Assumingly, the majority of people change the channel when Eurovision comes on your tv every springtime. Just hear me out, what if you didn’t pick up the remote and submerged yourself in all things European for a few hours. Now would that be so bad?
The Eurovision Song Contest first aired in the UK around seven decades ago, the idea from a Swiss journalist named Marcel Bezencon – also the director of the European Broadcasting Union (EBU). This 60th anniversary was honoured by a show in London and the addition of Australia to Europe’s music competition. Moreover, the EBU is a broadcasting company made up of members in 56 countries around the world who co-operate to produce Eurovision. Bezencon had the idea for Eurovision from what my Italian friend described as Sanremo. The Sanremo Music Festival has happened every year on the Italian Riviera since 1951 and is made up of varying artists singing different genres like pop, rock and opera born in different parts of Italy. This sky-rocketed famous Italian artists into the limelight such as Andrea Bocelli and the trio of Il Volo. The native Italian artists had to first perform their song and an international guest would perform it in the next time – allowing the guests to reach the Italian audience with singers like Shirley Bassey performing ‘La Vita’ in 1968 and Stevie Wonder in 1969 with ‘Se Tu Ragazzo Mio’ first debuting from the contest. As well as Sanremo’s winner being Italian’s Eurovision participant, the Sanremo music festival is still a hit, even internationally, with the televised performances in 2020 reaching 11.4 million viewers on the final night. My personal favourite from Sanremo this year is ‘La Genesi Del Tuo Colore’ translating roughly to the Genesis of Your Colour.
The first Eurovision Song Contest was held on May 24th, 1956 with seven countries performing. As the contest grew in popularity, strict rules began to be introduced to the competition with the national language having to be used in every song so judges could understand it.
Along with performances, since 1975, the contest has always had the same voting system. Voters award points ranging from 1 to 8, 1 to 10 and finally 1-12 – famously known as ‘douze points’ – to non-native songs. From 1997 when countries started televoting, all countries are now encouraged to do it. Audiences can not only stream their favourite Eurovision songs on music platforms, but they can vote by using SMS and telephone – however, they CANNOT vote for their native songs. Additionally, all countries except France, Germany, Italy, Spain and the UK and the host country must be in the top-10. (Eurovision website)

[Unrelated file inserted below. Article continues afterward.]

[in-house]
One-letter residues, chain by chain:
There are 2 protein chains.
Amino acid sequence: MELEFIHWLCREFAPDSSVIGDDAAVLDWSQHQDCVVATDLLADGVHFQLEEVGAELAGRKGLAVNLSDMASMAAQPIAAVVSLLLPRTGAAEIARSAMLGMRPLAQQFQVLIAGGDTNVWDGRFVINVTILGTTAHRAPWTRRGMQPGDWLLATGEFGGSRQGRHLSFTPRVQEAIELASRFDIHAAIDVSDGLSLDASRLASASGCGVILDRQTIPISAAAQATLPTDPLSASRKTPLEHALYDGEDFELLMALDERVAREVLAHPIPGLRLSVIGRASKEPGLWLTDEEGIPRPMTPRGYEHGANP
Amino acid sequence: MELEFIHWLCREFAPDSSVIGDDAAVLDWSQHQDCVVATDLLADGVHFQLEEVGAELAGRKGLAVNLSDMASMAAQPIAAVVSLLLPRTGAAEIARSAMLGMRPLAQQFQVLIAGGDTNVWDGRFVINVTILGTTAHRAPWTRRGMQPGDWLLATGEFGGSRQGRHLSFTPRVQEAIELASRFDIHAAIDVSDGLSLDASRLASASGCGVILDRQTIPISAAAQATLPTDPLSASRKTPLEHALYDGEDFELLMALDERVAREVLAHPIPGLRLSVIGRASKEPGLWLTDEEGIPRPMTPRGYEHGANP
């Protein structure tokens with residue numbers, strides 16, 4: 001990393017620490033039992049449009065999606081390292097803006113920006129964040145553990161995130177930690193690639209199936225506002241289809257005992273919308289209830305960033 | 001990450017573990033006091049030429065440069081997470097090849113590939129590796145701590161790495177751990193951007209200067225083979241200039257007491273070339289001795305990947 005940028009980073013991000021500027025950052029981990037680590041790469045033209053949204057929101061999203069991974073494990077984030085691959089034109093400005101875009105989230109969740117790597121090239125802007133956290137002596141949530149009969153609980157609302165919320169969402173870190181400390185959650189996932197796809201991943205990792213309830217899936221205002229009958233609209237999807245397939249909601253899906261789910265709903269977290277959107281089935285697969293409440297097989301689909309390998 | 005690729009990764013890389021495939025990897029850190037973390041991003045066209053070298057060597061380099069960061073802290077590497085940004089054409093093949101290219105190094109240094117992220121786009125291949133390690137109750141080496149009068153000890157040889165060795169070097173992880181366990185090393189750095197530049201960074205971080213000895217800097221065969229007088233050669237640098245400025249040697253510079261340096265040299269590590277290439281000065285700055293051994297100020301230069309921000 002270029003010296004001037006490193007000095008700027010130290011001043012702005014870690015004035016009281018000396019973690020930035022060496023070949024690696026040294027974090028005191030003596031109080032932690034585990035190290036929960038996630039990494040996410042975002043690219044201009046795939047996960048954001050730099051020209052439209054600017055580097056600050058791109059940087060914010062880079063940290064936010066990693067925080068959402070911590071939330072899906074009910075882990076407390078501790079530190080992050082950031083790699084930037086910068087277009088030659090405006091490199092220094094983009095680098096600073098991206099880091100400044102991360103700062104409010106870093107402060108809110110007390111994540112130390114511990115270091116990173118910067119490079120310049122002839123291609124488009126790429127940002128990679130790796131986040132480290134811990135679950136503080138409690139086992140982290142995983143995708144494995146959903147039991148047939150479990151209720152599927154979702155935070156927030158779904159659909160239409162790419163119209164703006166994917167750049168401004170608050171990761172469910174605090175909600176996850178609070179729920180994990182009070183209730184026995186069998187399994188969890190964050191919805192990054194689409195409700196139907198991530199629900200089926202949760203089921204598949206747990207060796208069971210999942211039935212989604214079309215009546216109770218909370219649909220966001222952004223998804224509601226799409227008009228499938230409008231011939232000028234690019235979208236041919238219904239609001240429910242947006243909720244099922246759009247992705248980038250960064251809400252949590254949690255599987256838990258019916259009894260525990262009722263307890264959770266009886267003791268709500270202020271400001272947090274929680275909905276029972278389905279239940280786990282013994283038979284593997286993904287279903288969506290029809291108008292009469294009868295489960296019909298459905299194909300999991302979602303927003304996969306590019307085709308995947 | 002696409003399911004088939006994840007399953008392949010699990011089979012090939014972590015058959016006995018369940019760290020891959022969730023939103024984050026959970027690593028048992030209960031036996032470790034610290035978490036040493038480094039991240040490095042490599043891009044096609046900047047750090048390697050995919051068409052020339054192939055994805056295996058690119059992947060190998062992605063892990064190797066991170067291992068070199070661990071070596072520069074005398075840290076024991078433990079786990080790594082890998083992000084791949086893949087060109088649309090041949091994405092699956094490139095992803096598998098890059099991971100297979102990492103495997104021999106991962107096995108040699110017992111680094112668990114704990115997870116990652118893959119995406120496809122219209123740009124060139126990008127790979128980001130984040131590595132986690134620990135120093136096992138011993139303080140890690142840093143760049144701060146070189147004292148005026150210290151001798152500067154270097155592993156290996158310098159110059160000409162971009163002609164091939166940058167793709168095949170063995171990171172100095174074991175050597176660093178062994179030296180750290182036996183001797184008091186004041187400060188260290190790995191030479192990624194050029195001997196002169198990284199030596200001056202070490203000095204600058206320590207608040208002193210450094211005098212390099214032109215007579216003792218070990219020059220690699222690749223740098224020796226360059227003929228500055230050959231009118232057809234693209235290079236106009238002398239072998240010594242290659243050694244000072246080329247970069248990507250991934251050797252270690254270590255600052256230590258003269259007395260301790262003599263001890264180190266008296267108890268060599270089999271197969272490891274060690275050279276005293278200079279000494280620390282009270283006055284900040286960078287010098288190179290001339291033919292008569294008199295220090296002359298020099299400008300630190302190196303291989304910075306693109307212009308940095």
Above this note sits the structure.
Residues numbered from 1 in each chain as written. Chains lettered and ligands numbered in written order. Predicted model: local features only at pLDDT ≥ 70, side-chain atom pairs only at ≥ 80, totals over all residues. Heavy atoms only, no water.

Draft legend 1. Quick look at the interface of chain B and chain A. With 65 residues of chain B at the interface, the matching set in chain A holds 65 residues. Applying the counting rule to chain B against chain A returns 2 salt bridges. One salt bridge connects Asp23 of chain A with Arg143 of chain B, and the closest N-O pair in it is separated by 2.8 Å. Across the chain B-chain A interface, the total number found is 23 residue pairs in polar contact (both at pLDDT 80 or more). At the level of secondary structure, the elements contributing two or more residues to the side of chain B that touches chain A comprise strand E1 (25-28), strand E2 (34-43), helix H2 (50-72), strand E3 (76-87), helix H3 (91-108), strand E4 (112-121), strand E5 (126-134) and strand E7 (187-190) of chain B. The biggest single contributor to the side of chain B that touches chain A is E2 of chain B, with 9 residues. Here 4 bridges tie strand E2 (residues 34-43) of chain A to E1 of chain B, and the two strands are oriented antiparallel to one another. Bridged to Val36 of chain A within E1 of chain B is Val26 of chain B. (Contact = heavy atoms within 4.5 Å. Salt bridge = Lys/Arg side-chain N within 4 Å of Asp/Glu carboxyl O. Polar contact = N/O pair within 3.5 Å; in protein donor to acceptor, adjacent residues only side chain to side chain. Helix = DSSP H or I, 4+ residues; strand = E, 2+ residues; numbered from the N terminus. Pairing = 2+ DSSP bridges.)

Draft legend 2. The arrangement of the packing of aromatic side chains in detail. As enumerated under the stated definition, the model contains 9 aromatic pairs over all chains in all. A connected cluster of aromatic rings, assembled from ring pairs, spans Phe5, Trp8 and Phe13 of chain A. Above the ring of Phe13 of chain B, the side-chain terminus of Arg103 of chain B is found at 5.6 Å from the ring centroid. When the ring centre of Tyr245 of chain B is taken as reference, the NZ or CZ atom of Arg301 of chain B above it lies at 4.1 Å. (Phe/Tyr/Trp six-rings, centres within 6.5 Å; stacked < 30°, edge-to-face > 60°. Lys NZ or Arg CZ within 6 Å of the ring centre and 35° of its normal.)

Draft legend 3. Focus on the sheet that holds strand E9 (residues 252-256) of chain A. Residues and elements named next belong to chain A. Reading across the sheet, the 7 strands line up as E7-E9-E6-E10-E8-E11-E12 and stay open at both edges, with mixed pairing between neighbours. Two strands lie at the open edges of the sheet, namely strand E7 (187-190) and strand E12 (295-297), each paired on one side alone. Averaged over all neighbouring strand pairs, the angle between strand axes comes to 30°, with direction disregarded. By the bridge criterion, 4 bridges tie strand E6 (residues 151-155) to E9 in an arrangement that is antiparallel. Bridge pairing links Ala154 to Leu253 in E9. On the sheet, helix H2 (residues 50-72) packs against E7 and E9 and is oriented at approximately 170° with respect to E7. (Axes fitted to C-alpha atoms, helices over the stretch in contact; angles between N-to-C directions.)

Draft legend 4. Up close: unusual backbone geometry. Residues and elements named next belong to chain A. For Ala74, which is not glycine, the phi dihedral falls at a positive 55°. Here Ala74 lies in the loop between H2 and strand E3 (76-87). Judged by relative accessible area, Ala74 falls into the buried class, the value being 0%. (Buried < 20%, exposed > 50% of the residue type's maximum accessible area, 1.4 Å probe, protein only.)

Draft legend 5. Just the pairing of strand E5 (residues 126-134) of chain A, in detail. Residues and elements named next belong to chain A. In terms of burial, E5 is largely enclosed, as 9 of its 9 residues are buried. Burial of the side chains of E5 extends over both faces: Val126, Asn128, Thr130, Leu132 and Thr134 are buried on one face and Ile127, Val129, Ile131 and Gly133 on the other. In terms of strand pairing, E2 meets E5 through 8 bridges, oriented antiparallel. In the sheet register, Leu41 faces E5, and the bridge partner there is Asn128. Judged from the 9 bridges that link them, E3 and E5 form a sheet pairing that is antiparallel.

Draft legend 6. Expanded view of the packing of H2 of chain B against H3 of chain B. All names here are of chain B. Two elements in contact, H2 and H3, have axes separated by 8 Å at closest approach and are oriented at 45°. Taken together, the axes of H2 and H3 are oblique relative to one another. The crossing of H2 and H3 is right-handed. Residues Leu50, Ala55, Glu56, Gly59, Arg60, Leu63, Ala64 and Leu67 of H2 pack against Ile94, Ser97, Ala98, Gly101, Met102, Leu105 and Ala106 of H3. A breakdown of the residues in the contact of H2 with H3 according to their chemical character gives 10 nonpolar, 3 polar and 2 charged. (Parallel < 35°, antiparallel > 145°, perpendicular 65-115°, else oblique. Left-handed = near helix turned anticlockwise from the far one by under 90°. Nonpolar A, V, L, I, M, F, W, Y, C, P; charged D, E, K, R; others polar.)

Now I’ve given you a rundown on the contest’s history and rules, there are other facts why people love Eurovision. It’s held in a different country every year meaning the audience (pre-COVID) get to travel around the world, exploring another culture and place. The United Kingdom has had five winners since Eurovision started – Sandie Shaw in 1967 with ‘Puppet On A String’ and LuLu with ‘Boom Bang-a-Bang’ tie win at the end of the 1960s. Brotherhood of Man won 6 years later with ‘Save Your Kisses For me’ in 1976, the Bucks Fizz had the most famous skirt-reveal win in 1981 with ‘Making Your Mind Up’ and Katrina and the Waves won with ‘Love, Shine A Light’ in 1997. Even if I haven’t fully convinced you to watch Eurovision this year, at least these will be good knowledge for the pub quizzes when COVID restrictions lift. Another significant part of the Eurovision Song Contest is the visibility of LGBTQ+ individuals – this was shown in 2014 with the Eurovision winner of Conchita Wurst for Austria singing ‘Rise Like A Phoenix,’ and the first LGBTQ+ themed performance in 1986 with Ketil Stokkan from Norway performing ‘Romeo’ with the drag troupe ‘the Great Garlic Girls’. Even though people see the Eurovision Song Contest as politically influenced, the increase in positive representations of the LGBTQ+ community is growing. In conclusion, even if you don’t speak another European language, it doesn’t mean you can’t keep the channel on and enjoy the songs.
Article by a Young Reporter
First appeared in Grimsby Telegraph 18th May 2021